Today only curmudgeons like me pay attention as the Turner suffers its extended midlife crises. One result of its greying hairs and arthritic limbs was that artists over 50 became eligible again in 2017. Another is that the 24-hr party people have become puritans who go to bed early. 

Johnson does just what the great British portraitists of previous generations … did so well

But even a stopped clock is right occasionally. It is a happy irony that this year’s judges, concerned only with signalling virtue, have unintentionally shortlisted a deserving artist. Yes, Claudette Johnson is a black woman but she also belongs to an even more embattled minority: figurative artist. Painting and drawing her contemporaries with sympathy and skill, Johnson does just what the great British portraitists of previous generations — Joshua Reynolds, Thomas Gainsborough and Stanley Spenser and Lucien Freud — did so well. 

She has nothing in common with Damien Hirst and Tracy Emin bar perhaps a passport. One former Turner nominee to whom Johnson could be intelligently compared is Barbera Walker. Walker was in contention last year. At 60, she is five years younger than Johnson. Both of these artists come from African-Caribbean backgrounds and grew up in the Midlands. Both often work on a large scale. Both paint black people, mostly women. “Issues of belonging, power, visibility, and representation” are common concerns. They have exhibited together.  

What are the odds? You wait decades for Figurative Art to make a comeback and here comes one gifted draftswoman after another. This is a fortunate accident and no more. Most judges are either oblivious or contemptuous towards the tradition in which these women work. Most critics see their nomination entirely in terms of Identity Politics. Lubaina Himid, another Black female artist, won in 2017. But don’t expect anyone to point out that Himid’s work is crude next to Johnson’s or Walker’s. Most contemporary critics and alas many artists are oblivious to such basic technicalities. Again, don’t expect reviewers to notice that Johnson and Walker have considerably more in common with the figurative painter Stuart Pearson-Wright (a white boy who’d never get within a sniff of the Turner) than they do with the black conceptual artist who won in 1999, Steve McQueen.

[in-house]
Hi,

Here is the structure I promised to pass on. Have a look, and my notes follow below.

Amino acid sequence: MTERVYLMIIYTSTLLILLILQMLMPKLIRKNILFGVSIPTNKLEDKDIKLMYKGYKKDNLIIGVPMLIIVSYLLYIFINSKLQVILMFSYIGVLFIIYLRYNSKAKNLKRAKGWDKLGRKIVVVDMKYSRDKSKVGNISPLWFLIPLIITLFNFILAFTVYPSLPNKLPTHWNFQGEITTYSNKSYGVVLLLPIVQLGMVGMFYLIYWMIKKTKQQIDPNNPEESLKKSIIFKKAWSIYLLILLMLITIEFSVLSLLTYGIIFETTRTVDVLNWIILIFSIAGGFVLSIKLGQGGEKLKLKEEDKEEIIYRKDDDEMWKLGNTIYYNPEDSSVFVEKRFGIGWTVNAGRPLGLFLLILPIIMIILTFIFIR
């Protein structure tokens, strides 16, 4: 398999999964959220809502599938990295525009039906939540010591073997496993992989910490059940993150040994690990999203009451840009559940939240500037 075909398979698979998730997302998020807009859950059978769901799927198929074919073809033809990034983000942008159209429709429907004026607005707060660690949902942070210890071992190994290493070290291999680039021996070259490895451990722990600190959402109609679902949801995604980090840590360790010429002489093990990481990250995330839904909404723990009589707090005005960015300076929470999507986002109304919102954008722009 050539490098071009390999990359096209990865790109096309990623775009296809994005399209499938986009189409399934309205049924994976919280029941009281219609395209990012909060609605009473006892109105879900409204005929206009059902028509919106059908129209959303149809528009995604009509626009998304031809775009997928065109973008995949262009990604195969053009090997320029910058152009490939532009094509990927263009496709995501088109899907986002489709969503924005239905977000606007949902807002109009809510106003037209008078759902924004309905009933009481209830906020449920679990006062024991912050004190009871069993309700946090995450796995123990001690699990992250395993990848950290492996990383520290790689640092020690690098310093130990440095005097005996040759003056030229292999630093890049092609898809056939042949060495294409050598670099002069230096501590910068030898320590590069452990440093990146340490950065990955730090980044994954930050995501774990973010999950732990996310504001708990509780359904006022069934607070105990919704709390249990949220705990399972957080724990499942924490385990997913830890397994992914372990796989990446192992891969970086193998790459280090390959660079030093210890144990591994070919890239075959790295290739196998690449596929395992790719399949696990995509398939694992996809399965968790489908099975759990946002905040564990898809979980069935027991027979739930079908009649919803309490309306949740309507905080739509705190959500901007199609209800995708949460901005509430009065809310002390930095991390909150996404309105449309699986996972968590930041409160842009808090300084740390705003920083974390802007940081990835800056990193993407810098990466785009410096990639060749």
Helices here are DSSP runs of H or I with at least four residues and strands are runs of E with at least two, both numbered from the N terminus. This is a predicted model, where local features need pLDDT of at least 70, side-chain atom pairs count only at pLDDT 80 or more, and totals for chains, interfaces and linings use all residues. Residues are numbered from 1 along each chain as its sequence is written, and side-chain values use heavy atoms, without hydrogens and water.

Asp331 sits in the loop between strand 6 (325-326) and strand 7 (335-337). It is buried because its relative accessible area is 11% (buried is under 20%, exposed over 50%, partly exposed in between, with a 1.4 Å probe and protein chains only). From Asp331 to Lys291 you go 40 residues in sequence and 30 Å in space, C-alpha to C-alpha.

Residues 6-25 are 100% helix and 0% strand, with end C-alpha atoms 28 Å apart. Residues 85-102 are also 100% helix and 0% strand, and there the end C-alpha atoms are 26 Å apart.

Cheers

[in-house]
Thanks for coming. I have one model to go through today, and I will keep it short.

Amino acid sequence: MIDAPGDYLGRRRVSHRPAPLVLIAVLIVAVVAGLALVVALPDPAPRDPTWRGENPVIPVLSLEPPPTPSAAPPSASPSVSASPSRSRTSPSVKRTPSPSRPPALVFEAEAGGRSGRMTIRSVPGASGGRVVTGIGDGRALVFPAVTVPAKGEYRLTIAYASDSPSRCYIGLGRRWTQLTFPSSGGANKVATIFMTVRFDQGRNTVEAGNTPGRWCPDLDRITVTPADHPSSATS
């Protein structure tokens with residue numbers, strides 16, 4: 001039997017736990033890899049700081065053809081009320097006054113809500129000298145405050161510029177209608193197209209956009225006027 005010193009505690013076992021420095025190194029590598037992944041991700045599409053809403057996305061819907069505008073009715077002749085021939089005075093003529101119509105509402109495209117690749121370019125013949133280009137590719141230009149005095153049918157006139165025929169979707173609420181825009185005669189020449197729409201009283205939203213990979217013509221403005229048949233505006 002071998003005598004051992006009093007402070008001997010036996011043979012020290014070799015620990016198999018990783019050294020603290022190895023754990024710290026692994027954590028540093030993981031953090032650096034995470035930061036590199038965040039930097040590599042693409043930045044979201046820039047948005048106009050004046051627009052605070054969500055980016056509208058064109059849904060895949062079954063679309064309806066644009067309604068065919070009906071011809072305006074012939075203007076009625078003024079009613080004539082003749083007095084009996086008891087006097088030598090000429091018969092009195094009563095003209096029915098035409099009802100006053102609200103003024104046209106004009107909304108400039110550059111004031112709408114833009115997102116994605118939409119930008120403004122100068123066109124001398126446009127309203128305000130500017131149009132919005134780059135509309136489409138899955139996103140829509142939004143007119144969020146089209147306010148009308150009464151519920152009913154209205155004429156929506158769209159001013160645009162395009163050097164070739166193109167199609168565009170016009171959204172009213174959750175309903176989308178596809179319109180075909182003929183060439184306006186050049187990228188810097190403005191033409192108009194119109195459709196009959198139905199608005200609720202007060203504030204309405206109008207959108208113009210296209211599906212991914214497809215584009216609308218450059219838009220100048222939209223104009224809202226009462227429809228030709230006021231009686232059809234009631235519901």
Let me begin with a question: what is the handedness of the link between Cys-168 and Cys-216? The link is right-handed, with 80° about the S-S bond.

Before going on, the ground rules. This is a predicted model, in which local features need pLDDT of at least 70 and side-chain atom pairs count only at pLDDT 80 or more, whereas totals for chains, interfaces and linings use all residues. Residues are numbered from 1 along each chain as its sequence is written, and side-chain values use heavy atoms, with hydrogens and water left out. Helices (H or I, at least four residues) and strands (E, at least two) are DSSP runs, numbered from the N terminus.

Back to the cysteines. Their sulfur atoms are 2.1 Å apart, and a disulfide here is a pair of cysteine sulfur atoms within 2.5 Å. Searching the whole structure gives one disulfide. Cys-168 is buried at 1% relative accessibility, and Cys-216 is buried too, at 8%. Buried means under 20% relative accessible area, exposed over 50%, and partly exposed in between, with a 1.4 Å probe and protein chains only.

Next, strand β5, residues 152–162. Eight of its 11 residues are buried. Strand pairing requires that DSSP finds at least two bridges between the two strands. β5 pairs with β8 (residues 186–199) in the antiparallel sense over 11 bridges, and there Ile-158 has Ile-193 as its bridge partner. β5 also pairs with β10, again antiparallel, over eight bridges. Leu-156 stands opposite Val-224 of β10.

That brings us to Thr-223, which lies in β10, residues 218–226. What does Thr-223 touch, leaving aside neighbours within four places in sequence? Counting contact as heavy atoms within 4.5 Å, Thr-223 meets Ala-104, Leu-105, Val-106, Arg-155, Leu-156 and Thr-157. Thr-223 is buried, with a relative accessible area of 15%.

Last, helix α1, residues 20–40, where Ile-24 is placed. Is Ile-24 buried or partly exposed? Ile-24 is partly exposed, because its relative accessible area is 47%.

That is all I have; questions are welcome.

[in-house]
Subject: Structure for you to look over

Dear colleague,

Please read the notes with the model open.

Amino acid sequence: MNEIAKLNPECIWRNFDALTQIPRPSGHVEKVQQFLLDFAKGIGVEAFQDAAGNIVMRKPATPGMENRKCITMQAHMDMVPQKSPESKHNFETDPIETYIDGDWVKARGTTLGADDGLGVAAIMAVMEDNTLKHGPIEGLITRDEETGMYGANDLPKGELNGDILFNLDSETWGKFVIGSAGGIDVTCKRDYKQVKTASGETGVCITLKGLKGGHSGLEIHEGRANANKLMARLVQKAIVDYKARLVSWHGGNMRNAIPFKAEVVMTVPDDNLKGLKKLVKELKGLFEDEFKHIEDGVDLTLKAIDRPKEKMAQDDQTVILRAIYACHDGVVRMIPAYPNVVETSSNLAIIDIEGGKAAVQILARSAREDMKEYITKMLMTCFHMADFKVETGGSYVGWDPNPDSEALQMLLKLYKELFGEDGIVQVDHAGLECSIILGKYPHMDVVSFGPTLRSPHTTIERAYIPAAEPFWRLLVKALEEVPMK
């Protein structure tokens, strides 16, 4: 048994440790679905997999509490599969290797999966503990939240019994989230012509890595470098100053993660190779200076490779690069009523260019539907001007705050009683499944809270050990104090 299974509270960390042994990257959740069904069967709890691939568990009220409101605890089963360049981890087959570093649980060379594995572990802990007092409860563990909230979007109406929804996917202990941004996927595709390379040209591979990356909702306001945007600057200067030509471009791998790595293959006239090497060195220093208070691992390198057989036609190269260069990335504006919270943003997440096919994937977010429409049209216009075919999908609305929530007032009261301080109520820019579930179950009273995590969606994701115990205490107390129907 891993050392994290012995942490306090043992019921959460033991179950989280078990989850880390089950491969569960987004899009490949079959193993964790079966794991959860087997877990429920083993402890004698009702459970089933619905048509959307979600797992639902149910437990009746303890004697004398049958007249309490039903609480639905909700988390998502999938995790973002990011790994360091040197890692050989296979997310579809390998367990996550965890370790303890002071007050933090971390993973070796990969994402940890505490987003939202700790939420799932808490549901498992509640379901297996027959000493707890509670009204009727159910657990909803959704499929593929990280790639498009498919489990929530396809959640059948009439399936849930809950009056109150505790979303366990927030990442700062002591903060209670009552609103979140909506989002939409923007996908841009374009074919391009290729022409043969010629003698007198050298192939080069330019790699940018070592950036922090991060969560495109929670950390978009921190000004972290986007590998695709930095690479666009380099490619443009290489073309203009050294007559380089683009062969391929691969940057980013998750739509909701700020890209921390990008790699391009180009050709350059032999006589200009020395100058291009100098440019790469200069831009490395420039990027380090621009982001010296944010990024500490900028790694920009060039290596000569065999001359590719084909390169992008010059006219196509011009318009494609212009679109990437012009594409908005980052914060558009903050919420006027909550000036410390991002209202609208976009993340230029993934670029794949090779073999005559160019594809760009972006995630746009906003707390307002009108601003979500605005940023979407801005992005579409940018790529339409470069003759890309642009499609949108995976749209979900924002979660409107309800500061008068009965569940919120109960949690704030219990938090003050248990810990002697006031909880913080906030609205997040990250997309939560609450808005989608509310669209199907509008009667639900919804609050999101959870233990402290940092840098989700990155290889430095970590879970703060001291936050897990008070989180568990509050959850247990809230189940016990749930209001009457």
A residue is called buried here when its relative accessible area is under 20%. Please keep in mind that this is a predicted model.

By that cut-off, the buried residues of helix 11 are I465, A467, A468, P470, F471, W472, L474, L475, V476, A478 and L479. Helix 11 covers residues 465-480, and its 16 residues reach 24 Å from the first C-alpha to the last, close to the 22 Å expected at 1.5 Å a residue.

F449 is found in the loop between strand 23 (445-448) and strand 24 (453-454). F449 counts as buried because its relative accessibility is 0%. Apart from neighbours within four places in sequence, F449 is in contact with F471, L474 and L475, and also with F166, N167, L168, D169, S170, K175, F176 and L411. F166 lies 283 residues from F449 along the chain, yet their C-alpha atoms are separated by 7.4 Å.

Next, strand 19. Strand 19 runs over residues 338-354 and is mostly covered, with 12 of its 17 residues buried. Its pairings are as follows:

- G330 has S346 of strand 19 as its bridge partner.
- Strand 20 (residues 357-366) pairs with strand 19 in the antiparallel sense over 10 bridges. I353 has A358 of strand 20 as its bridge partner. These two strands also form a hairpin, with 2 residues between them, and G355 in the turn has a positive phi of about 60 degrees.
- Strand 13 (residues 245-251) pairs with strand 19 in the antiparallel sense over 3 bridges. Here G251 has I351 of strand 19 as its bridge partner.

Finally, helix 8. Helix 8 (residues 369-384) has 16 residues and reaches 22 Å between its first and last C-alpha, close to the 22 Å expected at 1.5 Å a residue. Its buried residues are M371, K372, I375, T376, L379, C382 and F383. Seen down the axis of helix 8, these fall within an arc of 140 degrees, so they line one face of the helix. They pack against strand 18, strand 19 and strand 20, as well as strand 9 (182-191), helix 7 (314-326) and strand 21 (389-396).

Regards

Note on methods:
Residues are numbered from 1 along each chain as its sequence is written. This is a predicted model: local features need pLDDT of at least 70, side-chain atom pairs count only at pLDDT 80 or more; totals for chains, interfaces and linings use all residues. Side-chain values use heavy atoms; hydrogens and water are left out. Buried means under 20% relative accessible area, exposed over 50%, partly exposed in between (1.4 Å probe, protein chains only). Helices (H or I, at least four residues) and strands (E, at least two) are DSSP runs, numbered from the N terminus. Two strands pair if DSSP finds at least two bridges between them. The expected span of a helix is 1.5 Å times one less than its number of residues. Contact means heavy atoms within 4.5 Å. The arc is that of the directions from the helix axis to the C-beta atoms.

Competent drawing is back despite the prejudice of the contemporary art establishment. Why? Well, it turns out that representative art is quite good at, well, representation. And Conceptual art, while it keeps a great many curators busy, is a rotten way to communicate concepts. 

Alex Farquharson, Tate Britain’s current director and jury chair said, “This year’s shortlisted artists can be broadly characterised as exploring questions of identity, autobiography, community…” Quite so. To actually see such concepts visualised, look no further than Johnson’s drawing of abolitionist Sarah Parker Remond. Pickled sheep require explanation; Johnson’s drawing speaks for itself.  

The Stuckists famous objection to the Turner Prize, back when they cared, was “the only artist who wouldn’t be in danger of winning the Turner Prize is Turner”. Maybe that’s about to change. Like it or not, the Turner Prize’s authority has not altogether vanished — Claudette Johnson winning would ensure that it continues and grows. Those who say the Turner is only for Conceptual Art are stuck in the past. Before year’s end, we’ll know if the Turner is too.